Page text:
Thanks to the exchange rate, nearly no meal in Darwin is out of range. Locals sniff at munching 'roos and crocs, but tourists tuck into them at Barra Bar (15 Knuckey St., 8941-0513), a greasy spoon where Australia's indigenous critters, including barramundi fish, cost just $3 a burger - which is ironic, considering the pains travelers take to see the same animals in their natural glory. Darwin's sea bounty and a booming Asian population prop up more authentic cuisine. Go Sushi (28 Mitchell St., Shop 5, 8941-1008) serves a la carte $1.50-$3 plates on a traditional rotary-belt bar (though the owner laments workmen installed it incorrectly, making it the only one in Australia to commit the Buddhist heresy of running counter-clockwise), and six helpings of high-quality sushi will set you back an unheard-of $8 to $10. Even five-star dining, such as braised rabbit or Sri Lankan lamb curry served in the garden of Twilight on Lindsay (2 Lindsay St., 8981-8631), runs just $20 for three gourmet courses with a glass of fine Australian wine from the Hunter Valley.

Darwin itself has a savage past. Early explorers died by the dozen trying to reach it, the Japanese blitzed it during World War II (killing 243 servicemen - battleships still litter the harbor floor), and Cyclone Tracy obliterated it on Christmas Day, 1974. To survive, the Northern Territory folk became ornery, and they know the values of beer, beach, and strangely unruly ZZ Top beards - blokes look like wallaroos got stuck on their chins.

Befitting the eccentric populace, pleasures in town are one-of-a-kind. The owners of Aquascene (Doctors Gully, 8981-7837,; adults $3) trained lumbering oceangoing creatures like milkfish and shovel-nosed rays to eat from tourists' hands during high tide. Over at Indo-Pacific (Darwin Wharf, 8981-1294,; $8), they've spent 30 slow years cultivating vats of fluorescent coral, sea cucumbers, and tropical fish-dazzling life unique to the local Arafura Sea. And at the Museum and Art Gallery of the Northern Territory (Bullocky Point, 8999-8201; free), expect a snazzy facility with bizarre displays like jarred jellyfish, dry-docked Indonesian sloops, and the worldly possessions of an elderly widow who died in 1995. Of course, Darwin also supports an array of touristy farms (about $10) where "jumping crocodiles" leap for raw chicken meat. Most visitors don't miss the ghoulish spectacle of a "croc feed."

If you can, time your visit for late July to catch the annual Beer Can Regatta at Mindil Beach, when ale-sodden Darwinites race flimsy boats made of empty cans. If you yearn for a dip, though, heed the posted warnings. Darwin is a nice town but it's still wild - depending on the season, waters teem with sharks, deadly box jellyfish, or snapjawed crocs.

Darwin's animal kingdom

When they're ready to fan out from town, folks flock to Kakadu, three hours southeast of Darwin, on a guided tour that includes food, 4WD vehicles, and camping. Of the many contenders jostling for business on Mitchell Street, Adventure Tours Australia (8936-1311, is the 800-pound kangaroo, including private billabong (water hole) boat rides and camping in tents. It has six itineraries with meals, including a three-day Kakadu romp for $288. Young travelers tend toward simpler (and cheaper) options such as the $200 three-day tours from Kakadu Dreams (8981-3266,, but in cramped vehicles. For Litchfield National Park, beloved in Oz for its waterfalls, swimming holes, and magnetically aligned termite mounds-flat as giant playing cards-Coo-ee Tours (8947-4066, offers a full-day tour, complete with food and a croc safari at a private billabong, for $48.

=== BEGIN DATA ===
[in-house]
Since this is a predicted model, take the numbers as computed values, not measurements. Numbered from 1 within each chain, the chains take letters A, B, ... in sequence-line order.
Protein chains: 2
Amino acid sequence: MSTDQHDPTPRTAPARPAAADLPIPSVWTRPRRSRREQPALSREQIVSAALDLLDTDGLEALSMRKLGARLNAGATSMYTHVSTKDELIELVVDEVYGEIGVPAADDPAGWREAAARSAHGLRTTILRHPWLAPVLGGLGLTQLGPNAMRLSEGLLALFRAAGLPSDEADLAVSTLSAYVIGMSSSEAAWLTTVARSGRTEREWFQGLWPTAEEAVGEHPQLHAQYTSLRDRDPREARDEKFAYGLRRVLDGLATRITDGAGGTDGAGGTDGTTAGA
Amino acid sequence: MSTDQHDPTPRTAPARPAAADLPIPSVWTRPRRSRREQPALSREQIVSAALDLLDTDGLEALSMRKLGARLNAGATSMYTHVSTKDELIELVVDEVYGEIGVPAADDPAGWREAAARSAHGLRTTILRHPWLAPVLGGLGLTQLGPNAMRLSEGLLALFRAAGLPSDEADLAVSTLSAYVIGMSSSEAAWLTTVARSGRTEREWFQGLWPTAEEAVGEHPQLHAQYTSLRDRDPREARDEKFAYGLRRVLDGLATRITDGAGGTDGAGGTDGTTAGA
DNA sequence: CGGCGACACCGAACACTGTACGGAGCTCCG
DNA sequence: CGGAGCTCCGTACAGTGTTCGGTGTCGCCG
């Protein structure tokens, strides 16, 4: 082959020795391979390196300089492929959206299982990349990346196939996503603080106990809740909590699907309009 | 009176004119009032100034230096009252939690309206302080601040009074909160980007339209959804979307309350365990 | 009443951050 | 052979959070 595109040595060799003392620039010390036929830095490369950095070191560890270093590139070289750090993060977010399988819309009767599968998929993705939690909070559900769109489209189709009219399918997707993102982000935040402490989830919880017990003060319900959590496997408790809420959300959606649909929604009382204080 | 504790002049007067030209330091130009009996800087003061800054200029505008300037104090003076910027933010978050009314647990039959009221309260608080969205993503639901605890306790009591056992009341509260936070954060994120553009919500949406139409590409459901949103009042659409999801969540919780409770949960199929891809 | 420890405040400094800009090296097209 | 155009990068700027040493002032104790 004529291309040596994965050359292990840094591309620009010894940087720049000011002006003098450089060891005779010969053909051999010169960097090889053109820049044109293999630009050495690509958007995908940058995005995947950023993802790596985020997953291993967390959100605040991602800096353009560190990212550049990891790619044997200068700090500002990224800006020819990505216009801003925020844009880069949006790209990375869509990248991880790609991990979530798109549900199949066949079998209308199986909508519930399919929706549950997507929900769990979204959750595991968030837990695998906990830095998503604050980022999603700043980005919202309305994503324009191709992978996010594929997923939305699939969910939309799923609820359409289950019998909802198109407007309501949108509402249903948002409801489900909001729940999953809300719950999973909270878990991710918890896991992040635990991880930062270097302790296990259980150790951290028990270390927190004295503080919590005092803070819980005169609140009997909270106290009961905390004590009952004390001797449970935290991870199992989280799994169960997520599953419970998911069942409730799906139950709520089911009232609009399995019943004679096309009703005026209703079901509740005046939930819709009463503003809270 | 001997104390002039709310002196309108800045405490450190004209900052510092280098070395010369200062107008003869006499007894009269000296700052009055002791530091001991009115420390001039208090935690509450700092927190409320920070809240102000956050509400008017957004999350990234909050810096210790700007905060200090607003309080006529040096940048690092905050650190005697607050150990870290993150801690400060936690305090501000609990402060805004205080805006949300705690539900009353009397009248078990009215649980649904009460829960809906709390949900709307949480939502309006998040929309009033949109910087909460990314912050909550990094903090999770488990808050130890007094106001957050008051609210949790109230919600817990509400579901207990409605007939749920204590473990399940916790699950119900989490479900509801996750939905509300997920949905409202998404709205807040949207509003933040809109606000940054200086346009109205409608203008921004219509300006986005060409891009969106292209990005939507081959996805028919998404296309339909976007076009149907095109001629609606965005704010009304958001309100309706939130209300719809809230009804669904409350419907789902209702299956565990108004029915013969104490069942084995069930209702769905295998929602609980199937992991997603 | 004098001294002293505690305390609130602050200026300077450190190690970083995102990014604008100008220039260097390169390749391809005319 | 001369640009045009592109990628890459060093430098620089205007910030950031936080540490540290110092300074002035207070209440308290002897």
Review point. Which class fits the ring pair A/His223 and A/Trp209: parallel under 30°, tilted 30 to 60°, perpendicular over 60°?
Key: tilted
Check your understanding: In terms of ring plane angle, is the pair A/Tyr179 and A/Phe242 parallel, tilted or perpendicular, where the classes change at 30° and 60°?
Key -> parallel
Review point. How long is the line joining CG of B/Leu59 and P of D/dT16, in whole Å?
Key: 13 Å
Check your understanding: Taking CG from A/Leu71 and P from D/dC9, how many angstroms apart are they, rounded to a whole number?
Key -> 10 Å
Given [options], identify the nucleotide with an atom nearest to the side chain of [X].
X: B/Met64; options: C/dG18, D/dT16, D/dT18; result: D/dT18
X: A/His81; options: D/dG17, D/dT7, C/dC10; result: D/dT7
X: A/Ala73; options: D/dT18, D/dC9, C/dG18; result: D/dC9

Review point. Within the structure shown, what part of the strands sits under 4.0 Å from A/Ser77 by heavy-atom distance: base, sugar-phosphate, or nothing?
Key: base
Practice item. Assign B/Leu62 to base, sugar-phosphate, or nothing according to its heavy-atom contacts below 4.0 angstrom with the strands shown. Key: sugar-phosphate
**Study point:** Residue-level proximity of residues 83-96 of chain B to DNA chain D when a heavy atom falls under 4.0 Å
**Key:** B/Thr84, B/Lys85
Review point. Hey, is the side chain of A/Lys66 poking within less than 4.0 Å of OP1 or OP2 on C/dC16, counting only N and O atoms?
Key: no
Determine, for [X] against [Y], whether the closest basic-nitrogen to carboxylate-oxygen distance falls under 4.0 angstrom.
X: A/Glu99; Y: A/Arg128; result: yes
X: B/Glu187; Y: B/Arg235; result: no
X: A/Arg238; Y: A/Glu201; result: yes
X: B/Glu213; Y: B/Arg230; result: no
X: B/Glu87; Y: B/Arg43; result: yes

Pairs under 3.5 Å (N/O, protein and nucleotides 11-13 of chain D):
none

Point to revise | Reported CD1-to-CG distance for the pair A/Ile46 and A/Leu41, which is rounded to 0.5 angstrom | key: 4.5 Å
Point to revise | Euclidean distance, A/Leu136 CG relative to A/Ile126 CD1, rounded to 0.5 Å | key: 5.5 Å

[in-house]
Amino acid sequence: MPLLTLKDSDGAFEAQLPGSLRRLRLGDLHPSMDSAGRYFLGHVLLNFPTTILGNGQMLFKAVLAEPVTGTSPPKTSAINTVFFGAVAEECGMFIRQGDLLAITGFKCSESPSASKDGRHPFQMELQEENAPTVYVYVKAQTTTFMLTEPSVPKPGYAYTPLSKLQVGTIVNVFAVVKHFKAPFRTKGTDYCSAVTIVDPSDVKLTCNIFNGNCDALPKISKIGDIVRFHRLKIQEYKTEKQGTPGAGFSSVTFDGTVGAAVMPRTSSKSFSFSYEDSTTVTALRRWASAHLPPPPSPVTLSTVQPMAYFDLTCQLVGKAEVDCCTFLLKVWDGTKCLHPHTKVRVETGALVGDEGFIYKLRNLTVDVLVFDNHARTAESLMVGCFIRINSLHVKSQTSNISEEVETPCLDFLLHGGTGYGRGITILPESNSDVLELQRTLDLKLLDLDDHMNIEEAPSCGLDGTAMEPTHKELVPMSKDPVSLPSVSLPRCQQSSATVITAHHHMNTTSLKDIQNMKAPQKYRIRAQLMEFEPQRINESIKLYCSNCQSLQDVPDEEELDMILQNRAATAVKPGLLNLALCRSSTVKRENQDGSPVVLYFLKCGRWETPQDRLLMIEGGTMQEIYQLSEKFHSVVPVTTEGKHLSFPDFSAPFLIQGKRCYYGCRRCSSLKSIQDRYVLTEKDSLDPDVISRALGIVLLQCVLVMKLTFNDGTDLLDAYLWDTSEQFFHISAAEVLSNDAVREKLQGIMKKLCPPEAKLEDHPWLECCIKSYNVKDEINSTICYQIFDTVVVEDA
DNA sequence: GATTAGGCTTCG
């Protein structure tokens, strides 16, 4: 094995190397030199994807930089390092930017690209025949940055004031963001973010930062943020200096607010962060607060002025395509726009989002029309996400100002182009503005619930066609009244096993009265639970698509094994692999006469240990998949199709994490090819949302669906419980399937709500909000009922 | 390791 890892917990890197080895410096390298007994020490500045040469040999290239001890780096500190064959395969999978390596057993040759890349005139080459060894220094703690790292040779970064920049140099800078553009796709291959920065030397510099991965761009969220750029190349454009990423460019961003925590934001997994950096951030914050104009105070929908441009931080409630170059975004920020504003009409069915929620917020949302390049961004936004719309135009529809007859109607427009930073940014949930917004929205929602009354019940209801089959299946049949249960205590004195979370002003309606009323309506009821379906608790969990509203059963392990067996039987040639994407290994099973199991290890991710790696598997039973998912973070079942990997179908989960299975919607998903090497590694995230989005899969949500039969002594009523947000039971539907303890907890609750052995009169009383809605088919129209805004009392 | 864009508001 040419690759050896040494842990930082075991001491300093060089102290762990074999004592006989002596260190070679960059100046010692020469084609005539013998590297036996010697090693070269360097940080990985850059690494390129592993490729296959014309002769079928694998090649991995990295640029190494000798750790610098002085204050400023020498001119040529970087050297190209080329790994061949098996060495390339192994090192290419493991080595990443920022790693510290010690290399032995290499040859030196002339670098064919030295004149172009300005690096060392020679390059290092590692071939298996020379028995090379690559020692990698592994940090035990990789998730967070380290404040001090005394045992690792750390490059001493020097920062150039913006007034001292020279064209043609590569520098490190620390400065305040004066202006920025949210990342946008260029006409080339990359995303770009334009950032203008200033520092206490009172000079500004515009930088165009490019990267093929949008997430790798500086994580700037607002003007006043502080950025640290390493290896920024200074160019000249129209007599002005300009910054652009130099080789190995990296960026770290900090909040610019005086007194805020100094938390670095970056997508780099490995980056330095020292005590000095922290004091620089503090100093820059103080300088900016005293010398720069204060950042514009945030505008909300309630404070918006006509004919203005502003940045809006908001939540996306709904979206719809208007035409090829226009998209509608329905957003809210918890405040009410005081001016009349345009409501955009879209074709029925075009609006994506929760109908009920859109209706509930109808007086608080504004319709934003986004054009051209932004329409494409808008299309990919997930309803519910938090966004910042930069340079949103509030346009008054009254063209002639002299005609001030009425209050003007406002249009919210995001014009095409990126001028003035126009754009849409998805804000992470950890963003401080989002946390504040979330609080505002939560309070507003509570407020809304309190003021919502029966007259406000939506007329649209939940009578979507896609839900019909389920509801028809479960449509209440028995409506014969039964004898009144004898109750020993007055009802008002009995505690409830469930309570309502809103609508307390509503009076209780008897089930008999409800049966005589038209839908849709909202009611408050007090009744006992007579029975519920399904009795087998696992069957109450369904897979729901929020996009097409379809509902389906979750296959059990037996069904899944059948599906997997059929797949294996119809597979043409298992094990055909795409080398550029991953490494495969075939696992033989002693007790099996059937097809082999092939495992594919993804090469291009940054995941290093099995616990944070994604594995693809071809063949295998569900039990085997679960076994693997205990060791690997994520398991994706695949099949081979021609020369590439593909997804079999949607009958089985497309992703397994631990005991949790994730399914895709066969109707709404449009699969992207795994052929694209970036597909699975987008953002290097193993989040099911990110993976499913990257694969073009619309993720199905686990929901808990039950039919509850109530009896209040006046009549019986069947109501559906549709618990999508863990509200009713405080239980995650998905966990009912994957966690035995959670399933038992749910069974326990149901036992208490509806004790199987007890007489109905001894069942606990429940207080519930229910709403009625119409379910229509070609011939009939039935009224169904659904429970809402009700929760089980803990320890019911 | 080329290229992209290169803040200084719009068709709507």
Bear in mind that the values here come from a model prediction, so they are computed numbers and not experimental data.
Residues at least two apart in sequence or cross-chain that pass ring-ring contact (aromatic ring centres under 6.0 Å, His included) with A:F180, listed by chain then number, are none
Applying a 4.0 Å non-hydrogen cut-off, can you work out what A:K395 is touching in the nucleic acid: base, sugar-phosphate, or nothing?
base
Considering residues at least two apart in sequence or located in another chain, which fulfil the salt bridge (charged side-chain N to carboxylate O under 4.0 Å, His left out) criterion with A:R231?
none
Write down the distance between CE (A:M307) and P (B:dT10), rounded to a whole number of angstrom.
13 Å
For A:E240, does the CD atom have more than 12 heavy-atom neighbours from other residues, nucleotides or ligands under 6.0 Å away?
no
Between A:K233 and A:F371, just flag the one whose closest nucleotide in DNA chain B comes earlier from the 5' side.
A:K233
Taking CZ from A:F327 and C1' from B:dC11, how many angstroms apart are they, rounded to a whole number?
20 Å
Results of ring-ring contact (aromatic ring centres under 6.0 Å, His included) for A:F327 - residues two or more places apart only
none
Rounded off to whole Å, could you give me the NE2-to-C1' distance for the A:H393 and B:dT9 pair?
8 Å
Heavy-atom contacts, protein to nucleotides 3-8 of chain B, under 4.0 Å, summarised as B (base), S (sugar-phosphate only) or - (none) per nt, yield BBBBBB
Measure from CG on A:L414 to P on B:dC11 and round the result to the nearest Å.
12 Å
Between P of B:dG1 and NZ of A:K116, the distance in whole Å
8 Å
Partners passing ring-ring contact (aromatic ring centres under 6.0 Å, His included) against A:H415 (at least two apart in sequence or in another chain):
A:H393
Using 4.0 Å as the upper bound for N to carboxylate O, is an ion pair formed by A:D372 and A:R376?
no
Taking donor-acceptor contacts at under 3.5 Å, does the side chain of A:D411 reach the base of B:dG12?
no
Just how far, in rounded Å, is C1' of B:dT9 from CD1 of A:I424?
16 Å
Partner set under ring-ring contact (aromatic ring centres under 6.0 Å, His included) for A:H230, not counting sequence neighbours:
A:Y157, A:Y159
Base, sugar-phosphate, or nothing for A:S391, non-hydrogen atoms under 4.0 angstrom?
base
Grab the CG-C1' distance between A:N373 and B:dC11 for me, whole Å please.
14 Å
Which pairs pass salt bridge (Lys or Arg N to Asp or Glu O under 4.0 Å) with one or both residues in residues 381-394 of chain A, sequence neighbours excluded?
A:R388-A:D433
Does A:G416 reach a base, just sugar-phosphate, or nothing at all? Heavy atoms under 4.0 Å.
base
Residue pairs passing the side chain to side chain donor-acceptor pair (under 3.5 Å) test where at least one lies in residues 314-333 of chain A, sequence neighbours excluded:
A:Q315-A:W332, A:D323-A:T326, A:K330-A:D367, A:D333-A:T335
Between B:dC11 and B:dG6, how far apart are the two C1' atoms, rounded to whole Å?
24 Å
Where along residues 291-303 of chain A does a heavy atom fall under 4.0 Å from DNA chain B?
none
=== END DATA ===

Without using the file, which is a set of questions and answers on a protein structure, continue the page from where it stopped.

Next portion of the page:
You can tour the parks for even less on your own. It costs only $8 to enter Kakadu for two weeks, and space at bathroom-equipped campgrounds rents for just $2.70 per night. Bushwalks cost nothing (stay on dry land unless you want to become dinner), and timetables for free ranger-led walks and talks, as well as Aboriginal culture cruises ($15) and croc cruises ($17), are available at the Bowali Visitor Centre at Jabiru. Mechanically inclined backpackers buy and resell third-hand clunkers from the local car market (Mitchell and Peel Streets; $300 and up) for extended outback odysseys, but short-termers rent for around $21 per day from Territory Thrifty (8924-0000) or $29 per day for a 2WD camper from KEA (011-61-2/8707-5500, Four-wheel-drive vehicles, required for the most spectacular spots such as Jim Jim Falls in Kakadu, cost about $86 per day before fuel (about $2 per gallon). Litchfield National Park is free to enter, and campsites cost $1 to $2.50 per night; it's two hours south of Darwin.

Besides crocs and walks (and nights so clear the Milky Way streaks the sky like the stripe on a billiard ball), tourists come to Darwin in search of Aborigines, Australia's oldest natives, who have dwelt in the region for some 40,000 years. The Top End is certainly the best place to learn about them, since Kakadu borders the vast Aboriginal territory called Arnhem Land. Tours there are too pricey and require permission, but Australians are mindful of their heritage, so nearly every organized tour to Kakadu includes a lesson in "bush tucker" (food found in the wilderness), Aboriginal traditions, or a visit to sacred sites such as Ubirr and Nourlangie, where you find rock art of untold antiquity.

This paradise won't last forever. In 2004, a proposed rail link between sleepy Darwin and the rest of Oz is poised to generate a deluge of industry and big money. Worse, in March 2001 the unstoppable cane toad, an alien species that poisons its predators, arrived in Kakadu. With Australian currency at a historic low and the ancient ecosystem of the Top End teetering on upheaval, there will probably never be a better time to go to this inexpensive wonderland. And if you're like many travelers, you'll certainly find no good time to leave it.

Keeping up with the Indiana Joneses

For Northern Territory tourist information (including Uluru/Ayers Rock to the far south of Darwin), visit or Unless otherwise indicated, when calling from the U.S. precede all telephone numbers in this article with 011-61-8.